There was a time when The Block was such a famous institution that congressmen trekked all the way from Washington for a night out to see the likes of Blaze Starr. It was an R&R spot for sailors. Bachelor parties were held there. And whenever the Orioles won the pennant, The Block's bars kept jumping for nights.
The Block today is nothing by comparison. Congressmen no longer stray there. The shift to containerized maritime cargo has shortened port calls, cut crew sizes and reduced shore time for boozy relaxation. And while an occasional bachelor party may still find its way to a strip-tease joint in the 400 block of East Baltimore Street, The Block long ago lost its reputation as the gathering place for celebrating Baltimoreans.
Indeed, The Block as we have known it will be no more after July 1995, if a bill introduced by Councilman Wilbur Cunningham is passed. Adult entertainment establishments would be outlawed altogether from the central business district. And while they could be allowed as conditional uses in industrial districts, they would have to scatter and could not exist within "1,000 feet from a residence district, church, hospital, school, library, park, playground or day nursery."
If the City Council approves this bill, The Block would go the way adult entertainment zones have gone in places such as Washington, Philadelphia, Boston, Detroit and Dallas. Those cities have built an important caseload of precedents that has established the municipalities' right to phase out adult entertainment uses and restrict their relocation. Mr. Cunningham's bill is based on these precedents.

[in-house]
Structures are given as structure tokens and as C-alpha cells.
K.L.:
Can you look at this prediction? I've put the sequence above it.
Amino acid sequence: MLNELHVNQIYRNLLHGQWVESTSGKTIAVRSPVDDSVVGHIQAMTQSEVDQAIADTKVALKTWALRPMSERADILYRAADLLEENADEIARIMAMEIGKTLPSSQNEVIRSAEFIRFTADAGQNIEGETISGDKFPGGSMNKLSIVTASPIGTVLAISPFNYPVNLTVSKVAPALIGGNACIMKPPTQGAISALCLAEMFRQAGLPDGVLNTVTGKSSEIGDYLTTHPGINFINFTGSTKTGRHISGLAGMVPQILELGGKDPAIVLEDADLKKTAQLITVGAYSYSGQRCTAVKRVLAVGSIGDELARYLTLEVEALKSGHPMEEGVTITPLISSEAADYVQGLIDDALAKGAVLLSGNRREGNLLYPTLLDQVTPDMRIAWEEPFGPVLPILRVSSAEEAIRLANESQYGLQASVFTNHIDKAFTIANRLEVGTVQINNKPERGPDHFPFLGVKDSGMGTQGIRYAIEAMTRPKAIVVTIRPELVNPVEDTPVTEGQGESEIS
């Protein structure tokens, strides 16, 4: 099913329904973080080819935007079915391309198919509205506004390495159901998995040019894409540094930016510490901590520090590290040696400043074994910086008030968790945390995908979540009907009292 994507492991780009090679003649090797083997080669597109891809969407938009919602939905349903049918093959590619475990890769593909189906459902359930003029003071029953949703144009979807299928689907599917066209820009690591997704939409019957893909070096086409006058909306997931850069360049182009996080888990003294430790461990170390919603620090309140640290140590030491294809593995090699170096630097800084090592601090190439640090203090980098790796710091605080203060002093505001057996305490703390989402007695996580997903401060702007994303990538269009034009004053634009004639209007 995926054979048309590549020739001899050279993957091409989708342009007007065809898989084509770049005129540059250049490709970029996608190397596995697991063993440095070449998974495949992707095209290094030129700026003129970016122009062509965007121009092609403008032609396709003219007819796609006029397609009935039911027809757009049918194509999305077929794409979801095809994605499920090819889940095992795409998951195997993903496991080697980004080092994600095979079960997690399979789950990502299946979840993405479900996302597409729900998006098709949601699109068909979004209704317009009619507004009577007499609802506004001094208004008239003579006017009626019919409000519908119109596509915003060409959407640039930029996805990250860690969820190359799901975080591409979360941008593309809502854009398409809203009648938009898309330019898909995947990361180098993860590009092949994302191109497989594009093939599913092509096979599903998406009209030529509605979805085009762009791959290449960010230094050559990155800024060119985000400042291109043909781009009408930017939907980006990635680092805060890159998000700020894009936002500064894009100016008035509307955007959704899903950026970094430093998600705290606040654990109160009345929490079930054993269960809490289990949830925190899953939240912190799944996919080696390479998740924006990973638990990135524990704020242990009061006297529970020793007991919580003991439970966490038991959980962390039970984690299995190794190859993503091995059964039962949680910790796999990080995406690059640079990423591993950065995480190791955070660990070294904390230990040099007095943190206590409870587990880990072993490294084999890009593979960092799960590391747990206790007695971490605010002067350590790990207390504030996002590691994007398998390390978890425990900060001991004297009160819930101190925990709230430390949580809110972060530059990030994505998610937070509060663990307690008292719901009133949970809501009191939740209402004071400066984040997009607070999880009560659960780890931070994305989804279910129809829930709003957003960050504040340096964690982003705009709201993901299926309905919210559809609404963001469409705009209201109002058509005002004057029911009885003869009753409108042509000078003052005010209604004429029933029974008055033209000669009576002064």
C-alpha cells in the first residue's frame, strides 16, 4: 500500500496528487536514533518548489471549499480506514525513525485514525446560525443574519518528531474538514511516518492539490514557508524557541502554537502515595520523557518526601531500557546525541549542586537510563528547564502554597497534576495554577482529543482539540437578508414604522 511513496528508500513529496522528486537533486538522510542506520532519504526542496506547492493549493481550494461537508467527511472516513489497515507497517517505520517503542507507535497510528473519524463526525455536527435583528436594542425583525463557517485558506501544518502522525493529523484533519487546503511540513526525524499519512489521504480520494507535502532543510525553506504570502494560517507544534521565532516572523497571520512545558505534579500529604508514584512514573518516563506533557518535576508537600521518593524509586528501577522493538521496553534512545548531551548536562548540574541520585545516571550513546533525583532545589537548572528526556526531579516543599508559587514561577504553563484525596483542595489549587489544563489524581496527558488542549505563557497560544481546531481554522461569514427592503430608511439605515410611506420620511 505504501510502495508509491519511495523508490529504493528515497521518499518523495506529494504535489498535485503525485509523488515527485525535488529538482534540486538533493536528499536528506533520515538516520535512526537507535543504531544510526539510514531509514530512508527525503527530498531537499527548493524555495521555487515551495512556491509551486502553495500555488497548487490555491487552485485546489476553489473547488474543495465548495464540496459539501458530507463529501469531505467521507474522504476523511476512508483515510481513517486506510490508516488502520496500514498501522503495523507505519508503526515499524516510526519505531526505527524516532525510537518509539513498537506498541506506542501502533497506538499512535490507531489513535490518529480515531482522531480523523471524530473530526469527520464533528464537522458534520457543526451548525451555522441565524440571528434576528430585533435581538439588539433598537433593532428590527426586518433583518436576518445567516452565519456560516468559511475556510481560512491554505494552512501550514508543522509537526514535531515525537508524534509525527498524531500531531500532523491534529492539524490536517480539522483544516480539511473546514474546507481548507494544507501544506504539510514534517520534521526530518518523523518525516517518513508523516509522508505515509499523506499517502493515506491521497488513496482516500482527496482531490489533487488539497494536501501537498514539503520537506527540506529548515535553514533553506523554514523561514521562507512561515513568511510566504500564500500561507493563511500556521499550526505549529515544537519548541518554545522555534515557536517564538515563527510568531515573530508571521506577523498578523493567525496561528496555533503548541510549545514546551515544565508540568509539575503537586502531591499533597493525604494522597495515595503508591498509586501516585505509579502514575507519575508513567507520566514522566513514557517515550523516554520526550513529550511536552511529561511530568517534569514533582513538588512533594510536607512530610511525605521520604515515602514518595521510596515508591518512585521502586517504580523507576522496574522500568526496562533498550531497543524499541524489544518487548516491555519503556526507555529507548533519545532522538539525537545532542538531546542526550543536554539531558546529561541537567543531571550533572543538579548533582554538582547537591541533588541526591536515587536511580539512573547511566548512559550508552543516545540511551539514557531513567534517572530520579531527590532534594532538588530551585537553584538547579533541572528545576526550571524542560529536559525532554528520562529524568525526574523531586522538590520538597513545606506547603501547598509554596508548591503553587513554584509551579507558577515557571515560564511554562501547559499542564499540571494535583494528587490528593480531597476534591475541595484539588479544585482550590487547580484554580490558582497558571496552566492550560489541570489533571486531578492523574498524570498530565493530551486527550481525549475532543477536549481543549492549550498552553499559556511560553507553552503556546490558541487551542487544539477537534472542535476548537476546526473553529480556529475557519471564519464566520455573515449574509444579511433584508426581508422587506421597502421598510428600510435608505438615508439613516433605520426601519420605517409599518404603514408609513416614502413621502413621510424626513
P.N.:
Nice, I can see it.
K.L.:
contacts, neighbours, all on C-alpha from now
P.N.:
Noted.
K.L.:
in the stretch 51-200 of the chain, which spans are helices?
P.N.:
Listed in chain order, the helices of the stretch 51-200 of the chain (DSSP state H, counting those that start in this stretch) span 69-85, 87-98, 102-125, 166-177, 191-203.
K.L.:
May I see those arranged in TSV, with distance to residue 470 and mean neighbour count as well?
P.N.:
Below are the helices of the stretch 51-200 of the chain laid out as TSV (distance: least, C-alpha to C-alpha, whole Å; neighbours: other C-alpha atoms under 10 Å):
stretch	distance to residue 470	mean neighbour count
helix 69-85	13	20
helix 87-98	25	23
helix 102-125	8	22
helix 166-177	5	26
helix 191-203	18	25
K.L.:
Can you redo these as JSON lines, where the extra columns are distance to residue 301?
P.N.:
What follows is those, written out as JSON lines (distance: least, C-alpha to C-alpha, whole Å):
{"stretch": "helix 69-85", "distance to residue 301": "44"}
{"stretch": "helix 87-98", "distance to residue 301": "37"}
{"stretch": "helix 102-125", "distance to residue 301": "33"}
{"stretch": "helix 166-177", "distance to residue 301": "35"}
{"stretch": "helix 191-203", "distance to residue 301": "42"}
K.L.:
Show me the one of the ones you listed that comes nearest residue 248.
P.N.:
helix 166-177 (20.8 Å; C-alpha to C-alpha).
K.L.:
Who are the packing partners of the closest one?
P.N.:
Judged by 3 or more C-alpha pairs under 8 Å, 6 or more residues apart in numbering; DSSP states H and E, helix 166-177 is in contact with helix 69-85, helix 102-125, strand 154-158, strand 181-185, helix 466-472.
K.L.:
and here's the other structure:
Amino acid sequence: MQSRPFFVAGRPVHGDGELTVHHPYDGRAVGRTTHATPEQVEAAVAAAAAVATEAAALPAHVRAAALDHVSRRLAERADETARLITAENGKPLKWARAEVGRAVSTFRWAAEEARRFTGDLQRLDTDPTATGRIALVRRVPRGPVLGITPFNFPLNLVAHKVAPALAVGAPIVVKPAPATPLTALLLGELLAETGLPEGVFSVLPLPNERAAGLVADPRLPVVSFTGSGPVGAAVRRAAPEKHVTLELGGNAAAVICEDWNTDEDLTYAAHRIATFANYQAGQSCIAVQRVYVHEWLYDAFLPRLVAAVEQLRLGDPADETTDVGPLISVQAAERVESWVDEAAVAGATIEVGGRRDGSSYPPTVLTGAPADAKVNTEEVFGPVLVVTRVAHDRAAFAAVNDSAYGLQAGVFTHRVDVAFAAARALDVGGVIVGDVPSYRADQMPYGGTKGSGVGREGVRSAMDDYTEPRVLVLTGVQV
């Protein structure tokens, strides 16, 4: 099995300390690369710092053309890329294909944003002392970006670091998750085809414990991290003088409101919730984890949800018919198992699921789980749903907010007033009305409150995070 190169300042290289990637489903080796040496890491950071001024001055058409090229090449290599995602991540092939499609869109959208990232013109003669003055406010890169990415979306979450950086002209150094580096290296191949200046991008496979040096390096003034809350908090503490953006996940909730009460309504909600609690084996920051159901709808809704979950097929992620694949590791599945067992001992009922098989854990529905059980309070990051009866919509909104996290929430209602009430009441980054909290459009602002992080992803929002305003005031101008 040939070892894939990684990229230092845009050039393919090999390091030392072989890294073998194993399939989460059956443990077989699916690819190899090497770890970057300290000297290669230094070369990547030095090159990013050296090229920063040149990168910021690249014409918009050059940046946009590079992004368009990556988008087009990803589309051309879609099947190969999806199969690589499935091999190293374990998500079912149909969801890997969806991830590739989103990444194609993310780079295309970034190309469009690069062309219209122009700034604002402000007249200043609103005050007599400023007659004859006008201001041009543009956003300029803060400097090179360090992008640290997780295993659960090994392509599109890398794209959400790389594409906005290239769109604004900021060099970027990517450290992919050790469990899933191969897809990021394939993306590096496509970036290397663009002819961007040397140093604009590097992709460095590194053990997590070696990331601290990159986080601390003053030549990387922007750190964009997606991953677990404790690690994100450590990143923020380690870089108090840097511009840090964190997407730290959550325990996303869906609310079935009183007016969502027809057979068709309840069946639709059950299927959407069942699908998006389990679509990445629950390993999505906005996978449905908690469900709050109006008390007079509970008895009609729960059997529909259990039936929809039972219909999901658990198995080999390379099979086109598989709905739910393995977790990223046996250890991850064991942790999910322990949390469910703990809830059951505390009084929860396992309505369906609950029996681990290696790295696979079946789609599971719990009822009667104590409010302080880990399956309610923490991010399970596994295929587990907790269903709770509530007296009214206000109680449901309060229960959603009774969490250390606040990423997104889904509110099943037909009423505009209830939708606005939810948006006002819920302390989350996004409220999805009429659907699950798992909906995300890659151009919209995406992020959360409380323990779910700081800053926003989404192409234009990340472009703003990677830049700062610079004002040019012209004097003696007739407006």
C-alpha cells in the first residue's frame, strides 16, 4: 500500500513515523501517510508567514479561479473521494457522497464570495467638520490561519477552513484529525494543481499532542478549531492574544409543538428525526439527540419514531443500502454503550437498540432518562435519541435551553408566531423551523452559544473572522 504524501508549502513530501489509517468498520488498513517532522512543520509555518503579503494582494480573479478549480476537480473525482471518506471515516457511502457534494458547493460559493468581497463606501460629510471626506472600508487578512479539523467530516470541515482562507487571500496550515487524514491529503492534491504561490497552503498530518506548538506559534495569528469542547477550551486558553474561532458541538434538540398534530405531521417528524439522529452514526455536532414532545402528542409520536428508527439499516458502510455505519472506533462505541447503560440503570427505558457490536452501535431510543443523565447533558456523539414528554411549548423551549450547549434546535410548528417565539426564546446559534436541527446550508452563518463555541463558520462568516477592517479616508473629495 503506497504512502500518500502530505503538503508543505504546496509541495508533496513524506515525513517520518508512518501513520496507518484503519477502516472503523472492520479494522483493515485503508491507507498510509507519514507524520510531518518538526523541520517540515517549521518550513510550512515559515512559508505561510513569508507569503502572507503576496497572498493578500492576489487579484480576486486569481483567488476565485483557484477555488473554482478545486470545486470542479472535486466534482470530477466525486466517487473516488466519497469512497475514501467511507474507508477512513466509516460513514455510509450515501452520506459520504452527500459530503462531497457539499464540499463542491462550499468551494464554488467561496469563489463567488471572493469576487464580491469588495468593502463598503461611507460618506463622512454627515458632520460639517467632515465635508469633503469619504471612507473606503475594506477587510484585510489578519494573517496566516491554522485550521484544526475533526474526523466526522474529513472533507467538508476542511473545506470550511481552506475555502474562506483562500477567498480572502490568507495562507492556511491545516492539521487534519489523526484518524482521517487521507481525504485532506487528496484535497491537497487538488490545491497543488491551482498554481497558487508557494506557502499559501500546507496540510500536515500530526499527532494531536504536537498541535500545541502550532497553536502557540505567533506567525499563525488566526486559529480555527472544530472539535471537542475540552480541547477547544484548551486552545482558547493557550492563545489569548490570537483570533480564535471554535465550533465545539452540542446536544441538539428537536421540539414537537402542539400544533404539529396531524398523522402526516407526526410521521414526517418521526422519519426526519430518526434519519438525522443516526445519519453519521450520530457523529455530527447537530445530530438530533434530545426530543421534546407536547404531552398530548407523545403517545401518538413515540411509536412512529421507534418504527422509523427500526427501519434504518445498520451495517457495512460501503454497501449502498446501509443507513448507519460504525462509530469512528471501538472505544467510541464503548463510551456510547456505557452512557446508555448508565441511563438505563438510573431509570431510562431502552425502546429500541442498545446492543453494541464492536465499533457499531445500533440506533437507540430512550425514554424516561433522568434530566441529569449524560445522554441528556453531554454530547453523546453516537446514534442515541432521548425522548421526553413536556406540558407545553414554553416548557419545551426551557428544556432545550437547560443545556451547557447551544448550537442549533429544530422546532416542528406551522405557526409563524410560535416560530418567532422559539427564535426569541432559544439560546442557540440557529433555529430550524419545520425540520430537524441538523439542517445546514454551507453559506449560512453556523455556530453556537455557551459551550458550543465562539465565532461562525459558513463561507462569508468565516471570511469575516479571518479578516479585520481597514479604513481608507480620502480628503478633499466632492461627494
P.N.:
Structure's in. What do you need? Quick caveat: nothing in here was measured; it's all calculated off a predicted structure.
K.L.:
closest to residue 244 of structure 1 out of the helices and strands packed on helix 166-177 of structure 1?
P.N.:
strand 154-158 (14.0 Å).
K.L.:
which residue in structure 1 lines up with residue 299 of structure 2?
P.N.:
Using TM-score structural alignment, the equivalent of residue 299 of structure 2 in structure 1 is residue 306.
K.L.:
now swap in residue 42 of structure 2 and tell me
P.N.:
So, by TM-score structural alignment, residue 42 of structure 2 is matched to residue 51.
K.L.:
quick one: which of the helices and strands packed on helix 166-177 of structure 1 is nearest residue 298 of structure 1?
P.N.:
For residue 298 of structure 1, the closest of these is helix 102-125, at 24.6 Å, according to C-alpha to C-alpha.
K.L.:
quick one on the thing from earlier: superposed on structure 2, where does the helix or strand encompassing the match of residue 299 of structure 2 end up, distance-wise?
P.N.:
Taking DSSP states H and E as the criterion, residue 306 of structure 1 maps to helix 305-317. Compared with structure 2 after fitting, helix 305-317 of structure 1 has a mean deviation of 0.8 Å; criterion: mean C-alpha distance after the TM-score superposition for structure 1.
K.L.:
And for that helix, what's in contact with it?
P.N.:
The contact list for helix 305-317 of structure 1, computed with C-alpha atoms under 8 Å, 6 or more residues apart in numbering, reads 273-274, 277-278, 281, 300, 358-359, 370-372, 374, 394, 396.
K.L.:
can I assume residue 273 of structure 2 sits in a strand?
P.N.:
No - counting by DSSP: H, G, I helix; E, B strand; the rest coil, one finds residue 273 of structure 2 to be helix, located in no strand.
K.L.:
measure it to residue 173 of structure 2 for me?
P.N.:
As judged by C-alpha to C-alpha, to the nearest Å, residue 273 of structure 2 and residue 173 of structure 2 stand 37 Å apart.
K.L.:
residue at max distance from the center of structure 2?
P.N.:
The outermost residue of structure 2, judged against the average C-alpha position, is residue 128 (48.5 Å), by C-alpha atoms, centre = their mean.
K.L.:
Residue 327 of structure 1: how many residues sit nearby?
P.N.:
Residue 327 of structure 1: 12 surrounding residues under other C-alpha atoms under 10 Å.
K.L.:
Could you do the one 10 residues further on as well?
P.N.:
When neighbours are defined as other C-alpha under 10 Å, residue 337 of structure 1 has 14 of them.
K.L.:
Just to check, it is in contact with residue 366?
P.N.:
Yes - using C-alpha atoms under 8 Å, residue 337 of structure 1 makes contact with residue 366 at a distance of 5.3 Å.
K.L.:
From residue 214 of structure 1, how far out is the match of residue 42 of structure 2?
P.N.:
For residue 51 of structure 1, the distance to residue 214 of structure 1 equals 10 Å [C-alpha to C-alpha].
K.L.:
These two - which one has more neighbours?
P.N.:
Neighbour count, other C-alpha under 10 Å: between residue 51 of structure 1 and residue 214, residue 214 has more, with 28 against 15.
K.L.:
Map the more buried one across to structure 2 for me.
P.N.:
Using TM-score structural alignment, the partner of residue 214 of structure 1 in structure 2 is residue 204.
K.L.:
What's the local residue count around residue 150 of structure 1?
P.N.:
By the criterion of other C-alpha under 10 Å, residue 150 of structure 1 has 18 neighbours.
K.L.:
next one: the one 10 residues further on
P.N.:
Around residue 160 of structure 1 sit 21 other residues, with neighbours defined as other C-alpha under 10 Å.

The Block is ripe for redevelopment. It is around the corner from City Hall, the financial district and the Inner Harbor. It has access to an interstate highway. In another two years, it will be a stop on a Metro line that stretches from the Johns Hopkins Hospital to Owings Mills. If the sleaze can be driven away, some developers theorize, go-go bars could be turned into restaurants, porno shops into boutiques. Dentists could have affordable offices near the business districts; so could other professionals. Some vacant lots could even be turned into apartments, developers say.
In the next few weeks, the Cunningham bill will be subjected to a number of hearings. We see it as a starting point in a process that could strengthen the many positive changes that have occurred in Baltimore's downtown during the past decade.
The Block is a colorful part of Baltimore's history. As time has passed it by, what remains has become unsavory. The city and The Block need to move on.